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The Formative Period in Alabama, 1815-1828, The Formative Period in Alabama, 1815-1828, 081730486X, 0-8173-0486-X, 978-0-8173-0486-7, 9780817304867, , , The Formative Period in Alabama, 1815-1828, 0817382542, 0-8173-8254-2, 978-0-8173-8254-4, 9780817382544,

The Formative Period in Alabama, 1815-1828
Thomas Abernethy, with an introduction by David T. Morgan

Quality Paper
2002. 232 pp.
978-0-8173-0486-7
Price:  $29.95 s
E Book
2009. 232 pp.
978-0-8173-8254-4
Price:  $29.95 d

The Formative Period in Alabama, 1815-1828 is a beautifully crafted history of the evolution of the state written by Thomas Perkins Abernethy in 1922. The work shows how Alabama grew out of the Mississippi Territory and discusses the economic and political development during the years just before and just after Alabama became a state.

Abernethy’s story begins when Alabama existed as the eastern part of the Mississippi Territory, settled primarily by Cherokees, Choctaws, and Creeks, a few traders, and some brave but foolhardy “squatters” who thought to supplant the Indians and carve out a home for themselves and their descendants from Indian territory. Friction with the Creeks escalated into war and, with their defeat at the Battle of Horseshoe Bend, the successful move began to wrest land from the Indians for white settlement. The availability of good land, the promise of transportation of goods along the waterways, and the opening of the Federal Road brought rapid population growth to an area blessed (and cursed) with forceful leaders. Abernethy describes in detail the political maneuverings and economic strangleholds that created territorial division and turmoil in the early days of Alabama’s statehood.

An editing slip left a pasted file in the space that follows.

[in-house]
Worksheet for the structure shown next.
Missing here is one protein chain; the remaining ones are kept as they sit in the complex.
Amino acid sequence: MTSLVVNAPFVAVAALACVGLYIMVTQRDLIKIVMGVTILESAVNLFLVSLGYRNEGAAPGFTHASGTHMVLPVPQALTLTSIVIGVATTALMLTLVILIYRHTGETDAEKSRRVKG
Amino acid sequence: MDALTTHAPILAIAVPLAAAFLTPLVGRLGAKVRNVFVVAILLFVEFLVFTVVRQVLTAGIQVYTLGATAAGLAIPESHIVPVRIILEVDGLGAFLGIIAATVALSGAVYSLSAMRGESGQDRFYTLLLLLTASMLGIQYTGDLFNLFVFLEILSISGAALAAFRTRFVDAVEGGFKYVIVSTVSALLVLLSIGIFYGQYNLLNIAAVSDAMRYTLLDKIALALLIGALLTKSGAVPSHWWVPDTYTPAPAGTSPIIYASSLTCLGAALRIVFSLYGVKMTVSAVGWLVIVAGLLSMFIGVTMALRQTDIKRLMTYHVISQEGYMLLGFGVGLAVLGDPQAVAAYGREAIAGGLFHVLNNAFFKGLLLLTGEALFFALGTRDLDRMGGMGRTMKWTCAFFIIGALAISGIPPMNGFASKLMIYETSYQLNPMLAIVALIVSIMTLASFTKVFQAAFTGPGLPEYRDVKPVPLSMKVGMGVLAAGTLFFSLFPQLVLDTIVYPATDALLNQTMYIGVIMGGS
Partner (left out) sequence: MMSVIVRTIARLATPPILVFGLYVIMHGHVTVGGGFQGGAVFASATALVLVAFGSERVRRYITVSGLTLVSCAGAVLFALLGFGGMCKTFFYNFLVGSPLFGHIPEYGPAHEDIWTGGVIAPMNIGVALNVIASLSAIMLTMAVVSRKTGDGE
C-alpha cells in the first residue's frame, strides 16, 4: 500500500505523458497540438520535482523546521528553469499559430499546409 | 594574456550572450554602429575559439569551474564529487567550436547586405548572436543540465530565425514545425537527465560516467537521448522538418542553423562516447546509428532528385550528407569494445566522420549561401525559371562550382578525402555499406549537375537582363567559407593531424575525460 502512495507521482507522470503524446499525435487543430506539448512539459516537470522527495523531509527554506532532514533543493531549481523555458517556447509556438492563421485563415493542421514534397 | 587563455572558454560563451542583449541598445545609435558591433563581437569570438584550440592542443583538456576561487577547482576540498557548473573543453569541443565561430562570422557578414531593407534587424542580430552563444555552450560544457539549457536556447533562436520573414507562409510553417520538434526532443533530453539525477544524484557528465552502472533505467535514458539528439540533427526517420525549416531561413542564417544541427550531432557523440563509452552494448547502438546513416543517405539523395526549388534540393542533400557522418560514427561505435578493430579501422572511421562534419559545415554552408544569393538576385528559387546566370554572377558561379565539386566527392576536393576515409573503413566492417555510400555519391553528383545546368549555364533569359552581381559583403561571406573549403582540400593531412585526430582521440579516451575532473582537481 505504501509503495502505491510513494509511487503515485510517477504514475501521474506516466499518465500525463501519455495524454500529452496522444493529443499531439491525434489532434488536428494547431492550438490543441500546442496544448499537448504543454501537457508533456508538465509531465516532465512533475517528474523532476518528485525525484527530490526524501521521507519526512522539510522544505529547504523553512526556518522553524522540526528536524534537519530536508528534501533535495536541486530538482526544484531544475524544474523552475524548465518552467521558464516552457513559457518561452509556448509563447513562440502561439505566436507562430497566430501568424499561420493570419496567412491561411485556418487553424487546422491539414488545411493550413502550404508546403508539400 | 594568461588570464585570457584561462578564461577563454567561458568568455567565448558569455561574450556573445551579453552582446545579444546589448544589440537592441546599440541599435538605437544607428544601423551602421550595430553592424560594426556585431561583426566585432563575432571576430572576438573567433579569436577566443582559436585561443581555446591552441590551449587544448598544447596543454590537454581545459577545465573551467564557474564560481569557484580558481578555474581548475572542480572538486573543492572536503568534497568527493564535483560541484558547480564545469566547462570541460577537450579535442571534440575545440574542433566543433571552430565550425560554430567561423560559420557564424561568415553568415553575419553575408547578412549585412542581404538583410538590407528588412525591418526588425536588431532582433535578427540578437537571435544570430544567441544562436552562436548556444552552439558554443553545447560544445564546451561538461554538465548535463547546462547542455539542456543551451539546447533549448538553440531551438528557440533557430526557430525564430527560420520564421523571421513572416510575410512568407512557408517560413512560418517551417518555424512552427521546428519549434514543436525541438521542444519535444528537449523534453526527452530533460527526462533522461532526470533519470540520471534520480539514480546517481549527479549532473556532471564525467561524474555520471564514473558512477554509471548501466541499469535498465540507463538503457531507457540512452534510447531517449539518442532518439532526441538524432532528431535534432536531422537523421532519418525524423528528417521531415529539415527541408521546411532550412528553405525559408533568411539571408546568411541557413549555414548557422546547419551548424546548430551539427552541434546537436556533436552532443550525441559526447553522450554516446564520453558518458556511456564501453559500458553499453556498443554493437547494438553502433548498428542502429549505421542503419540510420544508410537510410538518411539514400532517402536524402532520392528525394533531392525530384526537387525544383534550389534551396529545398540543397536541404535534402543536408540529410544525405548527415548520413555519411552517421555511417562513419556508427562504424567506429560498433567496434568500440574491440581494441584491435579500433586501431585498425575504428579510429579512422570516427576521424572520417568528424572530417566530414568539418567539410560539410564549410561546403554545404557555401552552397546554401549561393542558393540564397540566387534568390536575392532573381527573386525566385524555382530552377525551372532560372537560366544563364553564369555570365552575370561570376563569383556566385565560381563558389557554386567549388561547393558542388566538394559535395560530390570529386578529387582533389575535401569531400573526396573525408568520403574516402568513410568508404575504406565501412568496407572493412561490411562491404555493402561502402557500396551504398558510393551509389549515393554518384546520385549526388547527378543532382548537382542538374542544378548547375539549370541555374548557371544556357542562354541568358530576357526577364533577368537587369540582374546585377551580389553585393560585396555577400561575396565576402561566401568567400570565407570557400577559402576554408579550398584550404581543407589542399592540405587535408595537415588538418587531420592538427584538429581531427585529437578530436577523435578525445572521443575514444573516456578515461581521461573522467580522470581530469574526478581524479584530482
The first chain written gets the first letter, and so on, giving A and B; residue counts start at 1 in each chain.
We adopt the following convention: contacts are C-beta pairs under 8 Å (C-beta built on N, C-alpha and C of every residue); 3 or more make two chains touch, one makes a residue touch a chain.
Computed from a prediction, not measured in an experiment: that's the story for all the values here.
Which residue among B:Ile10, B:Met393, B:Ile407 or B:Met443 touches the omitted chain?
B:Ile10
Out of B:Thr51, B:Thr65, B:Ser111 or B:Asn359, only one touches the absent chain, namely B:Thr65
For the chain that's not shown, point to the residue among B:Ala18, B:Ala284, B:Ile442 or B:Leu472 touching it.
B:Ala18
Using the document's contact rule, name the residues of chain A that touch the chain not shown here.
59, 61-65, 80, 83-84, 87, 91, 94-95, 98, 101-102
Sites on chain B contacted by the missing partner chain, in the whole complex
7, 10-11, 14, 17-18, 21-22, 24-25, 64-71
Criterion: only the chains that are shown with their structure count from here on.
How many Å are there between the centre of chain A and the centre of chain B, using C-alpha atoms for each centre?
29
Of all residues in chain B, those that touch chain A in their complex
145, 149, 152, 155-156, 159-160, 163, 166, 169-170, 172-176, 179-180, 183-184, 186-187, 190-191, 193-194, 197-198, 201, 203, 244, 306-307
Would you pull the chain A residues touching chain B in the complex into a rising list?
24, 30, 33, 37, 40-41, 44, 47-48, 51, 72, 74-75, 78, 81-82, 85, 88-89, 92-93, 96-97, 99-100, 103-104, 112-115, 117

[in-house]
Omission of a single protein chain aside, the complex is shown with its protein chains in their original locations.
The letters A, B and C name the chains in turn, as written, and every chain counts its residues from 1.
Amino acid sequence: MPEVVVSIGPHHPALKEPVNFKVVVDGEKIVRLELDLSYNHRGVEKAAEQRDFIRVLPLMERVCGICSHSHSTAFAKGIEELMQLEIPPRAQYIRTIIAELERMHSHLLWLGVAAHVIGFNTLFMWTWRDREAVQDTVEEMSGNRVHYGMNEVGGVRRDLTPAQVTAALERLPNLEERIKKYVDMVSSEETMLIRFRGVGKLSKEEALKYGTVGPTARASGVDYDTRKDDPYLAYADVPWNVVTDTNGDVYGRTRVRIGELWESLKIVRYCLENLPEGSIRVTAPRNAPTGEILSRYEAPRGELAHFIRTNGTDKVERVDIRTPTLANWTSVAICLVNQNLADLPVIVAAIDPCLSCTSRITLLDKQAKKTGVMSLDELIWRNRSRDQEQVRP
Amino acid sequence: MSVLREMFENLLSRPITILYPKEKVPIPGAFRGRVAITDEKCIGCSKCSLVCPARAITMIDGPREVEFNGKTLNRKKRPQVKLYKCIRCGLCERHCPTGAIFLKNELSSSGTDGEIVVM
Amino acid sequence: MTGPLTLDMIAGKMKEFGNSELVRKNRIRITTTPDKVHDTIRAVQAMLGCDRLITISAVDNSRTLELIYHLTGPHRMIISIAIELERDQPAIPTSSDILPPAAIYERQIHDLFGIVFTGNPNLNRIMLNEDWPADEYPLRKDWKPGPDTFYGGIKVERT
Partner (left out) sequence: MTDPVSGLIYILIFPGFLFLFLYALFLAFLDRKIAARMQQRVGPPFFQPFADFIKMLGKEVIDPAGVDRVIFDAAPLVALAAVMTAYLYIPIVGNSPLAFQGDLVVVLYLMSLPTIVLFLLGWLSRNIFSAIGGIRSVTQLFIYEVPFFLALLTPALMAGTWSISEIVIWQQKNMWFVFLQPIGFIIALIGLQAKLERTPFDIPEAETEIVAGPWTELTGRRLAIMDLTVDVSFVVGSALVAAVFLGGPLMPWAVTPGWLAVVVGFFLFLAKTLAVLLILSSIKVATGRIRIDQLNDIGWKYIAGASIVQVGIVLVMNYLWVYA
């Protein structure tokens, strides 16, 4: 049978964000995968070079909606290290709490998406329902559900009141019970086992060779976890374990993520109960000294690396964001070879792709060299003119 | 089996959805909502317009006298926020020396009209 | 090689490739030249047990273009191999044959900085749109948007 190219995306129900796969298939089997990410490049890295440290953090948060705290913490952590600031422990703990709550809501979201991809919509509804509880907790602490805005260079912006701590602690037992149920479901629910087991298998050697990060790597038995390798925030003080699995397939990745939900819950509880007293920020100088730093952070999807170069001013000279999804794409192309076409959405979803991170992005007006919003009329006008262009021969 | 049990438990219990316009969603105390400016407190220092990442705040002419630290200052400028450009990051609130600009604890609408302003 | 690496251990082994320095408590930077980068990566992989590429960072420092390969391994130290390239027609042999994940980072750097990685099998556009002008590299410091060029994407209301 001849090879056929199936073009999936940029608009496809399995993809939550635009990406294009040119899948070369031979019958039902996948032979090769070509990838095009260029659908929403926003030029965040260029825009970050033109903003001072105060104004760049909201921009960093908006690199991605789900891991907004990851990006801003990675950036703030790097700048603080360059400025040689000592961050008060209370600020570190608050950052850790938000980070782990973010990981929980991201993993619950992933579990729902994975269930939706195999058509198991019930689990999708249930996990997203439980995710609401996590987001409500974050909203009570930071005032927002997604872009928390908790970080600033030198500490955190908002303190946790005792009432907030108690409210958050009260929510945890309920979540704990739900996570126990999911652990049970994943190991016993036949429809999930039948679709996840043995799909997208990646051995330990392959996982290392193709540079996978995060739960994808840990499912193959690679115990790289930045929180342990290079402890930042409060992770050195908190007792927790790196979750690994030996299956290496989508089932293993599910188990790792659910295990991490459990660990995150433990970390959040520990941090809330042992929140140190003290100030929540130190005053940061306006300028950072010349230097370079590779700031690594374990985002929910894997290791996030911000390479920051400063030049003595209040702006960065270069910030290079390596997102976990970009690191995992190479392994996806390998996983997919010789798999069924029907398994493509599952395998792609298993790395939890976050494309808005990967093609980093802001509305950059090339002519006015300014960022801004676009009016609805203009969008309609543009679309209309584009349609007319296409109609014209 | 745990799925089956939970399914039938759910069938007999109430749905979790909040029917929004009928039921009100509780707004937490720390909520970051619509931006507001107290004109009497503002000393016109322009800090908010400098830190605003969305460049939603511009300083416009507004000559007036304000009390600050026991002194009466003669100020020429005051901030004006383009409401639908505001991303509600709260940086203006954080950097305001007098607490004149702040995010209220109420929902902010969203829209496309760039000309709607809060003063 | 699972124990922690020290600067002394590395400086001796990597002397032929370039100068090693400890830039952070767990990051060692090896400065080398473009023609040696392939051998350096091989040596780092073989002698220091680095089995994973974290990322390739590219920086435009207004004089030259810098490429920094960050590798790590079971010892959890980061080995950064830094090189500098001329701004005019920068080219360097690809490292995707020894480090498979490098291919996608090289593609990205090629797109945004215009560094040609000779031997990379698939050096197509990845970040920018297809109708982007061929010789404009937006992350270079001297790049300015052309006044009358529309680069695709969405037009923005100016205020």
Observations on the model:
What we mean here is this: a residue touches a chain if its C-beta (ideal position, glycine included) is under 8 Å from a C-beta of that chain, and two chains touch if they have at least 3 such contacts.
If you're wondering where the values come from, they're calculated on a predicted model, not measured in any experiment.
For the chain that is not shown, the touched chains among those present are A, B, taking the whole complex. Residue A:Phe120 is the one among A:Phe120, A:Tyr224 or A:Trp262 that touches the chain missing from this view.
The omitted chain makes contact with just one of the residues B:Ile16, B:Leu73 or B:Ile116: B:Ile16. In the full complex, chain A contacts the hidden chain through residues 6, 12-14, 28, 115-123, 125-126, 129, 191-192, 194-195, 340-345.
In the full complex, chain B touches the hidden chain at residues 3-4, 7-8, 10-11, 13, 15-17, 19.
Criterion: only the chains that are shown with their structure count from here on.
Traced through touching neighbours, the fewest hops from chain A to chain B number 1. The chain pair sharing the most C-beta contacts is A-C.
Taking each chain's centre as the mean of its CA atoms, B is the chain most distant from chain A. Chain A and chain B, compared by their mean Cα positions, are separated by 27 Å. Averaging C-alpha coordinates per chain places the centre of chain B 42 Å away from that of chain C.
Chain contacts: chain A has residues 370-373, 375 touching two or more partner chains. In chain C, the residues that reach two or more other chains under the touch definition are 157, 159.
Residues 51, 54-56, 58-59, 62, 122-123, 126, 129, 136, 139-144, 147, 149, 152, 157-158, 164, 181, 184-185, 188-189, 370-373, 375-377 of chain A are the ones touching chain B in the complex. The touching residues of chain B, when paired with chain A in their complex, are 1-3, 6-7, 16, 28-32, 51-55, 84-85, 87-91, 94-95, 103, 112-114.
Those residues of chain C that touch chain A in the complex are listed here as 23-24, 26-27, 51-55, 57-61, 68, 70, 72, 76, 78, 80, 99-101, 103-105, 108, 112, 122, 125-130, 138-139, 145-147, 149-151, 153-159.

Thomas Perkins Abernethy, deceased, was Professor of History at the University of Virginia.

David T. Morgan is Professor of History at the University of Montevallo.

"The book introduces a land, raw but full of challenging potential, and traces its complicated initial development. Events in these early years established patterns and shaped the future… [T]his work remains important."
—Florida Historical Quarterly

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